castaways encounter plenty of other obstacles, including violent
tropical storms, the many dangers lurking in the sea, and the
possibility that T.J.’s cancer could return. As T.J. celebrates yet
another birthday on the island, Anna begins to wonder if the biggest
challenge of all might be living with a boy who is gradually becoming a
Nah, not sure why I added it.
10. The Last Seven Months of Anne Frank by Willy Lindwer:
harrowing, moving interviews with women who knew Anne Frank in the final
seven months of her life. Everyone knows the story of Anne Frank – the
extraordinary Diary that she wrote during her two years in hiding in the
Secret Annexe. But few know how that story ended. Here six women whose
lives touched Anne Frank’s in her final months tell their story – of the
terrible journey east to Auschwitz, of the daily privations and terror
of the death camps, and of the friendships and courage that transcended
even the most vile conditions. Anne Frank’s story did not end with the
last words in her Diary; it ended alone on a filthy floor at
Bergen-Belsen. These women were the lucky ones who lived.
I am always fascinated to know all the details and how this could have happened. I feel every bit we learn and remember is important for the memory of those we’ve lost, as well as to help prevent similar events in the future.
11. The Tangled Bank by Carl Zimmer:
The Tangled Bank is the
first textbook about evolution intended for the general reader. Zimmer,
an award-winning science writer, takes readers on a fascinating journey
into the latest discoveries about evolution. In the Canadian Arctic,
paleontologists unearth fossils documenting the move of our ancestors
from sea to land. In the outback of Australia, a zoologist tracks some
of the world’s deadliest snakes to decipher the 100-million-year
evolution of venom molecules. In Africa, geneticists are gathering DNA
to probe the origin of our species. In clear, non-technical language,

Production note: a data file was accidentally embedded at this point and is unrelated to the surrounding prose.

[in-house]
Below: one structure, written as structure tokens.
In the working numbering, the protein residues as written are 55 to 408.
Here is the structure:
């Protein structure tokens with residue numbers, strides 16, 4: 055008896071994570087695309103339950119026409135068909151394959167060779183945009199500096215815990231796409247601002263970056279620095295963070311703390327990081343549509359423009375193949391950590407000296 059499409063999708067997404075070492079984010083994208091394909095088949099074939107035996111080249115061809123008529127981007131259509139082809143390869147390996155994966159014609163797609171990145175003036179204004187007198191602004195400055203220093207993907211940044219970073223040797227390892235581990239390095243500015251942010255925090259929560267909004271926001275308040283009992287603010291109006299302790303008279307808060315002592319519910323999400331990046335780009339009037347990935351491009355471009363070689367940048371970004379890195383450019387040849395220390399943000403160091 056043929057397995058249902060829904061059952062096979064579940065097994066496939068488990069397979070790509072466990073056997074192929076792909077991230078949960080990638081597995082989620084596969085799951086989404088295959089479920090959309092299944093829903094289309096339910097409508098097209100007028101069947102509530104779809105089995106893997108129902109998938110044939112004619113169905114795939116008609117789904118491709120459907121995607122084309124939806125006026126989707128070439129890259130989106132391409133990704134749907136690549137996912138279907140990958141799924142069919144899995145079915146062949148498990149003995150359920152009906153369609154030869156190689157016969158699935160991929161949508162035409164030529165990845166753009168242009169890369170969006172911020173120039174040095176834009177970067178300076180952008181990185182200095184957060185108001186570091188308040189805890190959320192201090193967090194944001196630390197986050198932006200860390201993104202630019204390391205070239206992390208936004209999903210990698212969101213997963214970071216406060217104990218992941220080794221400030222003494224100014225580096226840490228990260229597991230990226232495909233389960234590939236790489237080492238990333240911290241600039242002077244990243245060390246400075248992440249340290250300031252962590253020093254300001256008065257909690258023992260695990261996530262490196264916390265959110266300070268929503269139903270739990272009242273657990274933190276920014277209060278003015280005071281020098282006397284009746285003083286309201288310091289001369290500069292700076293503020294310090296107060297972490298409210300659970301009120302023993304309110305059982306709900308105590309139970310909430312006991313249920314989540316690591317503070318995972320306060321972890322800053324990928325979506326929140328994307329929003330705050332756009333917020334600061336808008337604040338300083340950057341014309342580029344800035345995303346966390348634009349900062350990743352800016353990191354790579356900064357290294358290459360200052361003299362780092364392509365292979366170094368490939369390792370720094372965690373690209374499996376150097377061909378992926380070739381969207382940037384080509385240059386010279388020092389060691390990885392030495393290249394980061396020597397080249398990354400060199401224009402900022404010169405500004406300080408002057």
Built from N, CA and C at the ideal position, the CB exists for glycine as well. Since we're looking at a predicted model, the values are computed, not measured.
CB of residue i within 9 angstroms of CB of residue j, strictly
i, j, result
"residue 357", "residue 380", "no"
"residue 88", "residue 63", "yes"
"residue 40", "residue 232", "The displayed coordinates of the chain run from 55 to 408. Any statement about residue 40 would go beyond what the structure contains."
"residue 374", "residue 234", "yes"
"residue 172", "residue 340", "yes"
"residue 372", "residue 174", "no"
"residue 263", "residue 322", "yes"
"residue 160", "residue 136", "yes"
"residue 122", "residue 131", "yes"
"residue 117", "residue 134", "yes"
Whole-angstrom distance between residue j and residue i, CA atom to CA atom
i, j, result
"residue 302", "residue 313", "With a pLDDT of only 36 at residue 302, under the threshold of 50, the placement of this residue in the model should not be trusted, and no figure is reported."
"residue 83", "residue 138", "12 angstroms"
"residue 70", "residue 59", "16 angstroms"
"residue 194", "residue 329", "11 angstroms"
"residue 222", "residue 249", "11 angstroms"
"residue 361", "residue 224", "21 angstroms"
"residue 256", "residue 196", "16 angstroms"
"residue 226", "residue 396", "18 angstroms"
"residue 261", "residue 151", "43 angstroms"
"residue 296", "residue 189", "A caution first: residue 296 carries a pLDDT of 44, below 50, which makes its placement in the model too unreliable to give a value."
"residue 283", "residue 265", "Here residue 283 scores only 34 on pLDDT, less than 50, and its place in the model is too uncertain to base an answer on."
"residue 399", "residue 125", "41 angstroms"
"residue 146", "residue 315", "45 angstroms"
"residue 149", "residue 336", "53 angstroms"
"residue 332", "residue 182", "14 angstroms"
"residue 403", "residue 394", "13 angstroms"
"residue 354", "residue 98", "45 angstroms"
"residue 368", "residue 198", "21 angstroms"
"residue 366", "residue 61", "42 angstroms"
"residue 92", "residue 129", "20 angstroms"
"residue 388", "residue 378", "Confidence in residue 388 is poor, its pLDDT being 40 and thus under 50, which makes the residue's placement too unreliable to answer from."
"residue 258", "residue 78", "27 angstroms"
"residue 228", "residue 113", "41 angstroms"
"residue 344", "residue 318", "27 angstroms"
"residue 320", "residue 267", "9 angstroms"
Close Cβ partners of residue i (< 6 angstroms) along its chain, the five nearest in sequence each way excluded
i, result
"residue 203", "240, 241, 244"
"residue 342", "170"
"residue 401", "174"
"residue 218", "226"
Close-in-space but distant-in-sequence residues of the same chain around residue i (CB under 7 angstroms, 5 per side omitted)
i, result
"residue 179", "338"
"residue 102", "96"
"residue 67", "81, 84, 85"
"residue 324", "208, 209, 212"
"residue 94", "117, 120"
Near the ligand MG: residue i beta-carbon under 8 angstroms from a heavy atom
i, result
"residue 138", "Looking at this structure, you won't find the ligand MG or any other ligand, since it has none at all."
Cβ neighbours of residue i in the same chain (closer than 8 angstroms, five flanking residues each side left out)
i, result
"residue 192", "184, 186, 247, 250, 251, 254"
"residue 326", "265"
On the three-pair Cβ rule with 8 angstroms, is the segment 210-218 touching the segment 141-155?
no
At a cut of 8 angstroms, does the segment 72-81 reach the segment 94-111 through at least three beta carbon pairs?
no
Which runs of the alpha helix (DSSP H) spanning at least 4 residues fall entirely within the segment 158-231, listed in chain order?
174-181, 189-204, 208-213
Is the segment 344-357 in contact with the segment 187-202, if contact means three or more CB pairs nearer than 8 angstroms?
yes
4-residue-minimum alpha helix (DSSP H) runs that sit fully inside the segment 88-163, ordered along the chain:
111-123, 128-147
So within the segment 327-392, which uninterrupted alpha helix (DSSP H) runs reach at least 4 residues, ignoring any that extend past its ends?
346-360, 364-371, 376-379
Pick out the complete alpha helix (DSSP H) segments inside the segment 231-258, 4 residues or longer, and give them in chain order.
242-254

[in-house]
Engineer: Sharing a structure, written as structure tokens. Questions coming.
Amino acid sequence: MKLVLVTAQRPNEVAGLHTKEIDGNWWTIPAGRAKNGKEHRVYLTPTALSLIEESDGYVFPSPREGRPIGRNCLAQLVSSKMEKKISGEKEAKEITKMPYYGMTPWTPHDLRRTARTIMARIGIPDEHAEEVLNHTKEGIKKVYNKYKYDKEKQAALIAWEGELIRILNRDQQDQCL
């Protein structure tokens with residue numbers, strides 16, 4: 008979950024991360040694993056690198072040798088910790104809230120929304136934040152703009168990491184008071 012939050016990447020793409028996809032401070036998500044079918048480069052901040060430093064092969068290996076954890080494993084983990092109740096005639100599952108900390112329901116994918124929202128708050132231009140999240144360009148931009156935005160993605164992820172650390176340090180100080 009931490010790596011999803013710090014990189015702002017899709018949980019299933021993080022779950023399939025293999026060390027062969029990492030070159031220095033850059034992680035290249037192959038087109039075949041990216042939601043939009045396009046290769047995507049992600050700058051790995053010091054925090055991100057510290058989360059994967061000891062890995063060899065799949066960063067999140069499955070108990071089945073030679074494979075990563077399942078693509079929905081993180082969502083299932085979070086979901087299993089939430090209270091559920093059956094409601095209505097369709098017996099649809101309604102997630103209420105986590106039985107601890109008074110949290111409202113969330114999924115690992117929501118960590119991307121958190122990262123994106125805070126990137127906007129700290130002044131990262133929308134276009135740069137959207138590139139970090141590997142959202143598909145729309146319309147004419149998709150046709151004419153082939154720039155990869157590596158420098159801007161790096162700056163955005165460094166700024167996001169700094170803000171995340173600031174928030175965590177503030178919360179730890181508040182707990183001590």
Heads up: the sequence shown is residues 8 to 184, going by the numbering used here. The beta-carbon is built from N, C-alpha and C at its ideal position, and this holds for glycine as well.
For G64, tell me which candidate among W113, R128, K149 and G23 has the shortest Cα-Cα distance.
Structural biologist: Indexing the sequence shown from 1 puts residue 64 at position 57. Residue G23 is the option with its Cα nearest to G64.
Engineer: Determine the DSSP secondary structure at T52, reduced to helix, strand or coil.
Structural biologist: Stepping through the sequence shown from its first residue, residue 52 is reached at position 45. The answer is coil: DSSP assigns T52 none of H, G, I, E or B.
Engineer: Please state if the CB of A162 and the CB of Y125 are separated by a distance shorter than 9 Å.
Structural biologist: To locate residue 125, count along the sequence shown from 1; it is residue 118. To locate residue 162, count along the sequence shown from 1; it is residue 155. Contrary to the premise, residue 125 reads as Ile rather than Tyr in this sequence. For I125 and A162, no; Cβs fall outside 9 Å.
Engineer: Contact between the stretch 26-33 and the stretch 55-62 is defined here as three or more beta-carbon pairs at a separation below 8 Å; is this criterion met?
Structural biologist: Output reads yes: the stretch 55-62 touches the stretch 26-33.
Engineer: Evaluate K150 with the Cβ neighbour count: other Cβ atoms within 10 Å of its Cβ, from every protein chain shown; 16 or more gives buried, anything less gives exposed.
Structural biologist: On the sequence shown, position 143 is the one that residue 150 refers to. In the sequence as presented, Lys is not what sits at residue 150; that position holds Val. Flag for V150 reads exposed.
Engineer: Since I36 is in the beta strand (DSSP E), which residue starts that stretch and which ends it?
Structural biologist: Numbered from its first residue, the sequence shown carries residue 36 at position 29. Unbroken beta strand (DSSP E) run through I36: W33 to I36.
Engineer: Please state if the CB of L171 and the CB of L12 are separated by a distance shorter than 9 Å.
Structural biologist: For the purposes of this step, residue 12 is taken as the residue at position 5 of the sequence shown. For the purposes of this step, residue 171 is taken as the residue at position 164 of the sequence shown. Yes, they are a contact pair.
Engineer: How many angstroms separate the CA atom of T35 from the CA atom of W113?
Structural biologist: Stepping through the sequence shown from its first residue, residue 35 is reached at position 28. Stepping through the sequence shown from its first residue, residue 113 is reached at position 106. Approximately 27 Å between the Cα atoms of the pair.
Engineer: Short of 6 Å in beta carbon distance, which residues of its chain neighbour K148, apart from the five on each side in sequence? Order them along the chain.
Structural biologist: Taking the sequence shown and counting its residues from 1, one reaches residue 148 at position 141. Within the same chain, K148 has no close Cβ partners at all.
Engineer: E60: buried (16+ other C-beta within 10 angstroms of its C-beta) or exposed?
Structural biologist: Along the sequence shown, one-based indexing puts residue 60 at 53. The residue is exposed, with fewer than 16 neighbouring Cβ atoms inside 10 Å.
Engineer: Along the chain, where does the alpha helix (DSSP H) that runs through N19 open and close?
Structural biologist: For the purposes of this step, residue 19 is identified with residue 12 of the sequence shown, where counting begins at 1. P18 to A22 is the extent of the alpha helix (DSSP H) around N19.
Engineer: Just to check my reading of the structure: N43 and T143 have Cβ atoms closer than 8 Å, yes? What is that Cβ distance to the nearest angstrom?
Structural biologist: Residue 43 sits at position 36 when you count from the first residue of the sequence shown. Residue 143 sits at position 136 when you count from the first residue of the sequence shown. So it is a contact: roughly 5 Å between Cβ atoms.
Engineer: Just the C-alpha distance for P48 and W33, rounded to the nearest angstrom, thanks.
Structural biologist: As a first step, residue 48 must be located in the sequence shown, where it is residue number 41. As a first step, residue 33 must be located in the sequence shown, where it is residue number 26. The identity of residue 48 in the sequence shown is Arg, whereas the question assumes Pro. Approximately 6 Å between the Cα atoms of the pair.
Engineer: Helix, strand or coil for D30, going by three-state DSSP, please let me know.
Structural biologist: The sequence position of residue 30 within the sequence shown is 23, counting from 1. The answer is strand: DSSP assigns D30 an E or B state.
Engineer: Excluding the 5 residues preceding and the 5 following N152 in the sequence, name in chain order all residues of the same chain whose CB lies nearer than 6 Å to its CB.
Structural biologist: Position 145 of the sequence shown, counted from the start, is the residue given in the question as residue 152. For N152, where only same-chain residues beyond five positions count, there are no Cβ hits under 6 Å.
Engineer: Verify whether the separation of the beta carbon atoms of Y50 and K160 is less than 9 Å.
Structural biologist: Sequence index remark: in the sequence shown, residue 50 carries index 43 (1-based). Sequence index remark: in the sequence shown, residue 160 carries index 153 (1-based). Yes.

Zimmer explains the central concepts essential for understanding new
advances in evolution, including natural selection, genetic drift, and
sexual selection. He demonstrates how vital evolution is to all branches
of modern biology—from the fight against deadly antibiotic-resistant
bacteria to the analysis of the human genome. Richly illustrated with
285 illustrations and photographs, The Tangled Bank is essential reading
for anyone who wants to understand the history of life on Earth.
I don’t really have the time to read a lot of the science books like I used to.
12. Entanglement by Dan Rix:
explanation is quantum entanglement, whereby the boy and girl—even when
separated by great distances—react instantaneously to changes in each
other’s states…” —Dr. Casler Selavio, on the entanglement of halves.
a world like ours, humans are born in pairs. When a newborn boy takes
his first breath in the coastal town of Tularosa, the exact time is
noted, recorded in the Registry, and later compared to the birth times
of other newborns around the globe. There will be one identical
match—his half. They will meet on their eighteenth birthday and they
will spend their lives together. Except this time, there is no match.
heartthrob Aaron Harper is scheduled to meet his half in twenty-nine
days, and he doesn’t buy a word of that entanglement crap. So what if he
and his half were born the same day and share a spooky psychic
connection? Big deal. After breaking one too many teenage girls’ hearts,
he’ll stick to brawling with the douchebag rugby players any day.
Until the day a new girl arrives at school and threatens everything he takes for granted.
and unapproachable, Amber Lilian hates the growing list of similarities
between her and the one boy she can’t read, Aaron: born the same day,
both stubborn, both terrified of meeting their halves. . . . All the
more reason not to trust him. That she would rather die than surrender
herself as her half’s property is none of his damn business. But once
lost in Aaron’s dangerous, jet black eyes, she’s already surrendered
more than she cares to admit.
Tangled in each other’s
self-destructive lives, Aaron and Amber learn the secret behind their
linked births and why they feel like halves—but unless they can prove it
before they turn eighteen, Aaron faces a lifetime alone in a world
where everyone else has a soul mate . . . and he’ll have to watch Amber
give herself to a boy who intends to possess not only her body but also a
chunk of her soul.
ENTANGLEMENT, a 75,000 word YA thriller, will appeal to readers of Michael Grant’s GONE and Ally Condie’s MATCHED.
I’ve liked the other book I read by this author, and this does sound kind of good.
13. James Potter and the Hall of Elders’ Crossing by G. Norman Lippert:
James Potter thinks he
knows, but as he begins his own adventure at Hogwarts, he discovers just
how much of a challenge it really is to live up to the legend of the
great Harry Potter. As if it wasn’t enough dealing with the delegates
from the American wizarding school and figuring out the mysteriously